Social networks beyond the household in which people live are important. The majority of people with profound or severe disability felt they could confide in someone living outside their household, although they were more likely to nominate a family member they could rely on (83%) than friends (73%), compared to people with no disability, of whom 90% had nominated an ex-household family member and 90% nominated friends they could confide in.
The percentage of people who can confide in a friend decreases with age, regardless of disability status. The rates for people with profound or severe disability and people with no disability diverge, however, at age 75 to 84. People who have no disability reported more friends to confide in and people with profound or severe disability markedly less. The rates are consistently lower for people with a disability, compared to people with no disability (see Graph 3).
In terms of disability groups, less than half (49%) of people with intellectually profound or severe disability reported having friends they could confide in, compared to 73% of people reporting with a physically severely or profoundly disability. People reporting an intellectual or psychological profound or severe disability were less likely to report having family members outside the household they could confide in (66% and 65% respectively), compared to those without disabilities (90%).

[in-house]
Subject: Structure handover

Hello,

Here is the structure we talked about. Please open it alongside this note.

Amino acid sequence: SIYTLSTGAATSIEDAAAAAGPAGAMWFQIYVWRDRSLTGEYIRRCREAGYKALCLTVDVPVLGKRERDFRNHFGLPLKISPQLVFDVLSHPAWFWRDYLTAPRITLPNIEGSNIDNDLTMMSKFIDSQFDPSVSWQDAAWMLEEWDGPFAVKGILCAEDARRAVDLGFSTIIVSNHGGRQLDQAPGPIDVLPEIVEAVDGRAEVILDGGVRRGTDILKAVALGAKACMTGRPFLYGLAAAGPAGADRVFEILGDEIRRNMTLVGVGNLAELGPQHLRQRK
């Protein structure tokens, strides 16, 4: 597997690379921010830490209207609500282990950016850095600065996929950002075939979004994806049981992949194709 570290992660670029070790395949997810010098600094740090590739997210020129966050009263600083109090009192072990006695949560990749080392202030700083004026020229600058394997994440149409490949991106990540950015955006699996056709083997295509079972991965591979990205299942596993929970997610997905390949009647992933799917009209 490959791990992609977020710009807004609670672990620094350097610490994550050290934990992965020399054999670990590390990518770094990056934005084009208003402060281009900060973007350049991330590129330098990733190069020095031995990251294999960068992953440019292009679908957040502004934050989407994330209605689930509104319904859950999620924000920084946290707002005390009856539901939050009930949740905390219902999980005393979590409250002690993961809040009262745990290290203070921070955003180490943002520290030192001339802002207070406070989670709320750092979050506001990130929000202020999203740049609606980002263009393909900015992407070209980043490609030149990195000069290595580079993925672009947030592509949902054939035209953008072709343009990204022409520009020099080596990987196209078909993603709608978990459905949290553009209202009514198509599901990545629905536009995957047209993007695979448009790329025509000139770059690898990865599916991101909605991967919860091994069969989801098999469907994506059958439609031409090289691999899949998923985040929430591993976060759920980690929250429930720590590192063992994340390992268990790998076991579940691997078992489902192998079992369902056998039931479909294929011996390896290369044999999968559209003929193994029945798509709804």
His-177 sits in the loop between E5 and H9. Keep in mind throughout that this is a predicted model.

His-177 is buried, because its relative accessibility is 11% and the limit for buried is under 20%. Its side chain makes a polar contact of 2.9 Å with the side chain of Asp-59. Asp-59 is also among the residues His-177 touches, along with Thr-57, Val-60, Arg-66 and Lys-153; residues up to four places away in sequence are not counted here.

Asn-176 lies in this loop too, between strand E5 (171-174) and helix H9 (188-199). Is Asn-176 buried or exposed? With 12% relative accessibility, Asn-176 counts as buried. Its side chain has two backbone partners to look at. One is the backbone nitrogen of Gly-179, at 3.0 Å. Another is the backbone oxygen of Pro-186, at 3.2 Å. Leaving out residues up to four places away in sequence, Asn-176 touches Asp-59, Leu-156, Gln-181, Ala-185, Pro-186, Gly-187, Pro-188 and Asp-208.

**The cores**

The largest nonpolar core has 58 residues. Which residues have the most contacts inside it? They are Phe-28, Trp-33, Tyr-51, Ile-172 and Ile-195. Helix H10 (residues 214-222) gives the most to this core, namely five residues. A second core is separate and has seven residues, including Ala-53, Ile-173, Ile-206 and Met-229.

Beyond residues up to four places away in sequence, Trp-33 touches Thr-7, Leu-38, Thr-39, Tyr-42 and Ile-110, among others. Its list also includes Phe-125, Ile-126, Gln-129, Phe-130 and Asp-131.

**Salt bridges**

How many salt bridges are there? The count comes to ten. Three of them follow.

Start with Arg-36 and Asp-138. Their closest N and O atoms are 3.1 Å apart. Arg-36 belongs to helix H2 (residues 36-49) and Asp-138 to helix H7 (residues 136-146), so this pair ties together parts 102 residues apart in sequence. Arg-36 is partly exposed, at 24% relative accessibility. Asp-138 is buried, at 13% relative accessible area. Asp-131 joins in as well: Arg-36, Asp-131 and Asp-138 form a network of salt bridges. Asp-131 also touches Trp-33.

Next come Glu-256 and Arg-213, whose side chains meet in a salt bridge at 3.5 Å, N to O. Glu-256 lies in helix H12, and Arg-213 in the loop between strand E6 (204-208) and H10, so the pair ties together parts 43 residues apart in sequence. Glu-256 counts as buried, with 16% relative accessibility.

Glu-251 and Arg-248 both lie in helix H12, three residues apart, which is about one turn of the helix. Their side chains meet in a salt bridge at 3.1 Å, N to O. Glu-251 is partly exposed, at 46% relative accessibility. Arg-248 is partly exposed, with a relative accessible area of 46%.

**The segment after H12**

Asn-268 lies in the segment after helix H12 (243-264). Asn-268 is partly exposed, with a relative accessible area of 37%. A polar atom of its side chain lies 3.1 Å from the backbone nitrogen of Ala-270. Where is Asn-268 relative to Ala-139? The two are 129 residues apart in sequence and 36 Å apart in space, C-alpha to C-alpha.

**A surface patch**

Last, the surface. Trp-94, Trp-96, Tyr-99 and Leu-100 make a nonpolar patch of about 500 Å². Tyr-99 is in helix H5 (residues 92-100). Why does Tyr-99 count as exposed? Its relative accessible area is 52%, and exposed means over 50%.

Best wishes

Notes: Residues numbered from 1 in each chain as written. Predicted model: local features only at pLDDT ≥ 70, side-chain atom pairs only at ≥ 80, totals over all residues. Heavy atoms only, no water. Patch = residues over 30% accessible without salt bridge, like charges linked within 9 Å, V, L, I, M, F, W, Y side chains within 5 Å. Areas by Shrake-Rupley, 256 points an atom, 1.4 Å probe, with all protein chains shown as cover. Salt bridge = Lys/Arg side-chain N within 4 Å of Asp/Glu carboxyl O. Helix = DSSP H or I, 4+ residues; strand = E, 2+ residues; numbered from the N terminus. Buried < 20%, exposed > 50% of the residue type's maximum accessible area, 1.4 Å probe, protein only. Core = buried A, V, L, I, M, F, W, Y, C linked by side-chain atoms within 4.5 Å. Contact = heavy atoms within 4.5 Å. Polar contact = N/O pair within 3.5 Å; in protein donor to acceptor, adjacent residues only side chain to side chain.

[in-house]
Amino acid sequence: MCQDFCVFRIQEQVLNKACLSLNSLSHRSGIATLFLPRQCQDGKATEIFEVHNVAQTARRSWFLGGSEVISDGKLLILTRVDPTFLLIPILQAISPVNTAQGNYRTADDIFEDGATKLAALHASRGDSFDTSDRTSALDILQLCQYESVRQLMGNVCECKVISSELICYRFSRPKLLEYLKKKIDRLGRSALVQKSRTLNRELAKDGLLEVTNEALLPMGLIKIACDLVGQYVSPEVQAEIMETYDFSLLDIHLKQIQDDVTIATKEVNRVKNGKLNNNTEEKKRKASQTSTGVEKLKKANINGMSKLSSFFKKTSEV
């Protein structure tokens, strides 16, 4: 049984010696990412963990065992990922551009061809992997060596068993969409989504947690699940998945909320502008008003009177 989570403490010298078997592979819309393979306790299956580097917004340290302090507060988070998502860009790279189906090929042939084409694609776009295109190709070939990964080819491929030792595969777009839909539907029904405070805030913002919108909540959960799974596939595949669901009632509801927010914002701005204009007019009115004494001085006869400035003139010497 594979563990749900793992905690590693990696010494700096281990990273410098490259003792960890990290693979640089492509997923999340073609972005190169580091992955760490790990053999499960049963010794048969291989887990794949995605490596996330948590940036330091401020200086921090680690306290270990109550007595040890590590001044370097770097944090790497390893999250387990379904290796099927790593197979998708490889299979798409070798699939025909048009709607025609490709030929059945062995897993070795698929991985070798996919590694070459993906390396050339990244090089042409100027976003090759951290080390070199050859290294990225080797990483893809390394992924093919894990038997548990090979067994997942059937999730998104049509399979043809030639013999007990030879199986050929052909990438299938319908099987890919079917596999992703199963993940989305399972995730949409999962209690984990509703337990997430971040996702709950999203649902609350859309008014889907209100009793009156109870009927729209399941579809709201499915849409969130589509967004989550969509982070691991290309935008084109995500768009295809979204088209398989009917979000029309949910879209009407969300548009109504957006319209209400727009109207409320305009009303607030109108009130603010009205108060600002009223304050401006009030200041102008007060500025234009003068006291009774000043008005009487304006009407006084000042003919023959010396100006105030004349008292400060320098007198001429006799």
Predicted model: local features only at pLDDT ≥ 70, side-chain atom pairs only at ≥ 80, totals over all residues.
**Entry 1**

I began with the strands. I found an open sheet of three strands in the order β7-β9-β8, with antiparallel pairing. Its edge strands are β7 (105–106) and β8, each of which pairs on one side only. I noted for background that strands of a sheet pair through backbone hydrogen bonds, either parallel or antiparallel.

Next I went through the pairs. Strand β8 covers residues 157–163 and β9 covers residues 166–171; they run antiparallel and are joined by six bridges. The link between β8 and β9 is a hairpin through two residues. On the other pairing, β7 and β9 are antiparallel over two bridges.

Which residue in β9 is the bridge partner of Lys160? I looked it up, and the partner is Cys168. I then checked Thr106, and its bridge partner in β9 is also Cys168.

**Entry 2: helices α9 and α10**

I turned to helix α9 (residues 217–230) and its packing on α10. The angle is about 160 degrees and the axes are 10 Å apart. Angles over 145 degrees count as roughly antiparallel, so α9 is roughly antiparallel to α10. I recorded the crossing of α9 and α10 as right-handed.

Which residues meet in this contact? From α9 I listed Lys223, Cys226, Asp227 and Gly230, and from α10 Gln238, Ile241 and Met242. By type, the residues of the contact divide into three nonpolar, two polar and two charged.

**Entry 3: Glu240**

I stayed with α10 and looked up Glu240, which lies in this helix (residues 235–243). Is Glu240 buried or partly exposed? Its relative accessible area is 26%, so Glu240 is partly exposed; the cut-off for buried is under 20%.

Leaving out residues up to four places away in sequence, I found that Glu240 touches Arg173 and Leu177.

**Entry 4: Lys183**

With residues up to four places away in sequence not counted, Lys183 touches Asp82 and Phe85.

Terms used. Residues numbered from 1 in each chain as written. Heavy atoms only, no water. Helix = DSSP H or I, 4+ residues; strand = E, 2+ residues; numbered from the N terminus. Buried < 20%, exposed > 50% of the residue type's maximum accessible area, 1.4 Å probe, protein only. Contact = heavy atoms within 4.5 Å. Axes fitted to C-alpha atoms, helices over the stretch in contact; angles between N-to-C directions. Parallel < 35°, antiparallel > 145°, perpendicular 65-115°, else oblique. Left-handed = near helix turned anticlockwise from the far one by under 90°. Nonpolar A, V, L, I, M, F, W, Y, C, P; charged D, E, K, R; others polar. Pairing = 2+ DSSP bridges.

Of people with profound or severe disability, males were less likely to report having friends to confide in (67%) than females (77%). This pattern was repeated when people were asked if they had family members living outside the household they could confide in. Of people with profound or severe disabilities, 78% of males reported they had family members they could confide in, compared to 87% of females.
As can be seen in Graph 4, whether a person with a profound or severe disability has family they can confide in fluctuates through the life cycle, peaking in their old age.
When it comes to dealing with a crisis, most people with a profound or severe disability reported having someone to support them (over 90%) (see Graph 5). However, those with a profound or severe psychological disability reported a lower rate of 82%. This compares with 95% of people with no disability.
Whether people with disability have someone to support them in a time of crisis fluctuates throughout the life cycle, peaking in young adulthood and again in the period from 55-64 yrs. People with profound or severe disability are generally less likely to report having these forms of support throughout their life cycle, compared to people without disability, although they do approach the same rates at ages 25 to 34 years and 55 to 64 years (see Graph 5).